Background Shame and guilt are key emotions known to amplify trauma-related symptoms in veterans. Maintenance of symptoms is facilitated by avoidance behaviors, such as substance use. However, limited research has examined the associations between shame, guilt, and substance use in daily life. Methods The current study sought to examine the cross-lagged association between shame, guilt, and substance use. Forty veterans completed 28 days of experience sampling reporting on their current emotional experiences and use of substances. Results Results suggest a reciprocal relationship among shame and guilt and substance use, such that shame and guilt separately predicted subsequent substance use, and substance use predicted subsequent shame and guilt. Conclusions These results highlight the dynamic relationship among shame, guilt, and substance use and suggest the potential value of conceptualizing these clinical targets as mutually reinforcing to inform integrative intervention strategies that can interrupt the in-the-moment cascade of negative consequences.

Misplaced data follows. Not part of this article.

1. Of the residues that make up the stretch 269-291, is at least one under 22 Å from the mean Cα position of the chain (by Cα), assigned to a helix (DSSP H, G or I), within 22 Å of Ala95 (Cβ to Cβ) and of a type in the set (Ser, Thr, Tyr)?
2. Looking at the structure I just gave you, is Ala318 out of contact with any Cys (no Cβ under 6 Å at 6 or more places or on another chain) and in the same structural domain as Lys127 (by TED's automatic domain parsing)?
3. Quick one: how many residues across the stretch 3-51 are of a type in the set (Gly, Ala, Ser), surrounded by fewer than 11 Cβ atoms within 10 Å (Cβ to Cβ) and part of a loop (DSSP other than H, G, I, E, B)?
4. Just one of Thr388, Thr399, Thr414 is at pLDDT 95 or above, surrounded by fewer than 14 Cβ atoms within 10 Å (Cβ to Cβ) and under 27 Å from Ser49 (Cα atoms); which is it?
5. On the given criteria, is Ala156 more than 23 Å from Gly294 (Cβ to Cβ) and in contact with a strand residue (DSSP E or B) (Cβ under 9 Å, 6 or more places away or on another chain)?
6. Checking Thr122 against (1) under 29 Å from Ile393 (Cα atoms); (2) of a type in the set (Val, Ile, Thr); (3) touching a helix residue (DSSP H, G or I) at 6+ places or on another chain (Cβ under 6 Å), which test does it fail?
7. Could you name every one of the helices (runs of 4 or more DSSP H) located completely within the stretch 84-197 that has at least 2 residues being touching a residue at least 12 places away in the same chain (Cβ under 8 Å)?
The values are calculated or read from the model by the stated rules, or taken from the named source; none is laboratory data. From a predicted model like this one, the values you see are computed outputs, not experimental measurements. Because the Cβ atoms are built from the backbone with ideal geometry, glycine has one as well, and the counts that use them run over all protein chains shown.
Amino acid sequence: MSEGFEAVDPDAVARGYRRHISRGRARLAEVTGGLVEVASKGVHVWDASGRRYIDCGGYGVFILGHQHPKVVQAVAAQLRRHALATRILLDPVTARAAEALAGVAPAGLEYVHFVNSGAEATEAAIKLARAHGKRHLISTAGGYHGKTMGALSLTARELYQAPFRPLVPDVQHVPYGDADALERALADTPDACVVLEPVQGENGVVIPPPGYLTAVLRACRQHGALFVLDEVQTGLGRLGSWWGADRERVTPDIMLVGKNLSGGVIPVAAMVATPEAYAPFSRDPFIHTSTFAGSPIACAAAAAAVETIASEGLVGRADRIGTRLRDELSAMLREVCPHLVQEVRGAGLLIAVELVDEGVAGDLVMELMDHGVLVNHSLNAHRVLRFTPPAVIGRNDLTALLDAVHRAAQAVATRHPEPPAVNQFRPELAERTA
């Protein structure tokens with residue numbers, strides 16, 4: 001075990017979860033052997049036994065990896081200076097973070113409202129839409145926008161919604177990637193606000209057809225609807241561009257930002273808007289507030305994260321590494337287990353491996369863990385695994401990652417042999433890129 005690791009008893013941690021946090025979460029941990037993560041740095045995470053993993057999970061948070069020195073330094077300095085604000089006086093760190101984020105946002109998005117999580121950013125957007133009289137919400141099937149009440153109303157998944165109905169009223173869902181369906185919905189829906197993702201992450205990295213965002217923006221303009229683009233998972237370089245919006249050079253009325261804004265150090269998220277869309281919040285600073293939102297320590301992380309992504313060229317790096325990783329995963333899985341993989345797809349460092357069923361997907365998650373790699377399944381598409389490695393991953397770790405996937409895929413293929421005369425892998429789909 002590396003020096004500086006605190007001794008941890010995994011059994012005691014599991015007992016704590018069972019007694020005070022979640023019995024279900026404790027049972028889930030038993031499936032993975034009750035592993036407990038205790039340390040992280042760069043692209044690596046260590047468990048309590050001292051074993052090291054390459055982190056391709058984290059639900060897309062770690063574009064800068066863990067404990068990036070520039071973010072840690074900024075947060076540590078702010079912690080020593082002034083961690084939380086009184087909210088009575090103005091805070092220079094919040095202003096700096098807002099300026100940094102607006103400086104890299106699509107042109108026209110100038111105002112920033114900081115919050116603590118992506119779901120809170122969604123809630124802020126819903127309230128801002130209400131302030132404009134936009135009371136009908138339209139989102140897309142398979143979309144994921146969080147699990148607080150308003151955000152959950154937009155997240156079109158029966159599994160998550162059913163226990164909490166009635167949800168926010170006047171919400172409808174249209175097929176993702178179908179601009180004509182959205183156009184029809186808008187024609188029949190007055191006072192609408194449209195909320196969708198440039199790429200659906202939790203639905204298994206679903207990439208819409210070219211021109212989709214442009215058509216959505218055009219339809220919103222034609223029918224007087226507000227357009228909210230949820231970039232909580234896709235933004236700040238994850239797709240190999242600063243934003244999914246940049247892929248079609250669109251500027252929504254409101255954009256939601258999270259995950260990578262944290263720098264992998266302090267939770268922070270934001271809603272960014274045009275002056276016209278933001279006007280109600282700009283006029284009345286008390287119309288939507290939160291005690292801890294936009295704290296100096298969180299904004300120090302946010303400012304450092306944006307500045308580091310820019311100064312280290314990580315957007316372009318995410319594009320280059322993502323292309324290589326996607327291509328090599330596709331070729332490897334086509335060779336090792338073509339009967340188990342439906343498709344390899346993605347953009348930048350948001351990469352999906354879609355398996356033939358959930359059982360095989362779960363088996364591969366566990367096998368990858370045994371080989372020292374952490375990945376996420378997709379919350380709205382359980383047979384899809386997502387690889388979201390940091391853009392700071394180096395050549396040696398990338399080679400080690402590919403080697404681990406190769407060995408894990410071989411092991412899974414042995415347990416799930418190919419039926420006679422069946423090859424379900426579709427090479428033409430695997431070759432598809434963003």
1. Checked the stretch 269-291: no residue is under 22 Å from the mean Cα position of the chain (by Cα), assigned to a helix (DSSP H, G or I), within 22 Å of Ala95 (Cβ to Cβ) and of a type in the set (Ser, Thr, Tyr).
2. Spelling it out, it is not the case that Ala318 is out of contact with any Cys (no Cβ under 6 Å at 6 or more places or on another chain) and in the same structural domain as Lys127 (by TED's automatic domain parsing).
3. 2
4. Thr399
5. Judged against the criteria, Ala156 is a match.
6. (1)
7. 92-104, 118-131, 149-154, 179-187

Background: Shame-proneness has been consistently associated with more problematic alcohol outcomes, and guilt-proneness has been associated with fewer. The aim of this study was to determine if the associations of shame-and-guilt-proneness with alcohol outcomes vary as a function of interpersonal sensitivity. Method: A longitudinal study examined shame-proneness and guilt-proneness as predictors of alcohol consumption and related problems one month later. This research was conducted at a large public university in the United States. Results: Participants (N=414) were heavy-drinking college students (51% female) with a mean age of 21.76 (SD=2.02) who consumed an average of 12.13 (SD=8.81) standard drinks per week. Shame-proneness, but not guilt-proneness, was directly associated with increased drinking and indirectly associated with increased problems. The indirect effects of shame on problems through drinking were stronger at higher levels of interpersonal sensitivity. Conclusions: Results suggest that shame-proneness may increase alcohol consumption and subsequent problems among those high in interpersonal sensitivity. Alcohol may be used as a means to withdraw from social threats that are amplified by interpersonal sensitivity.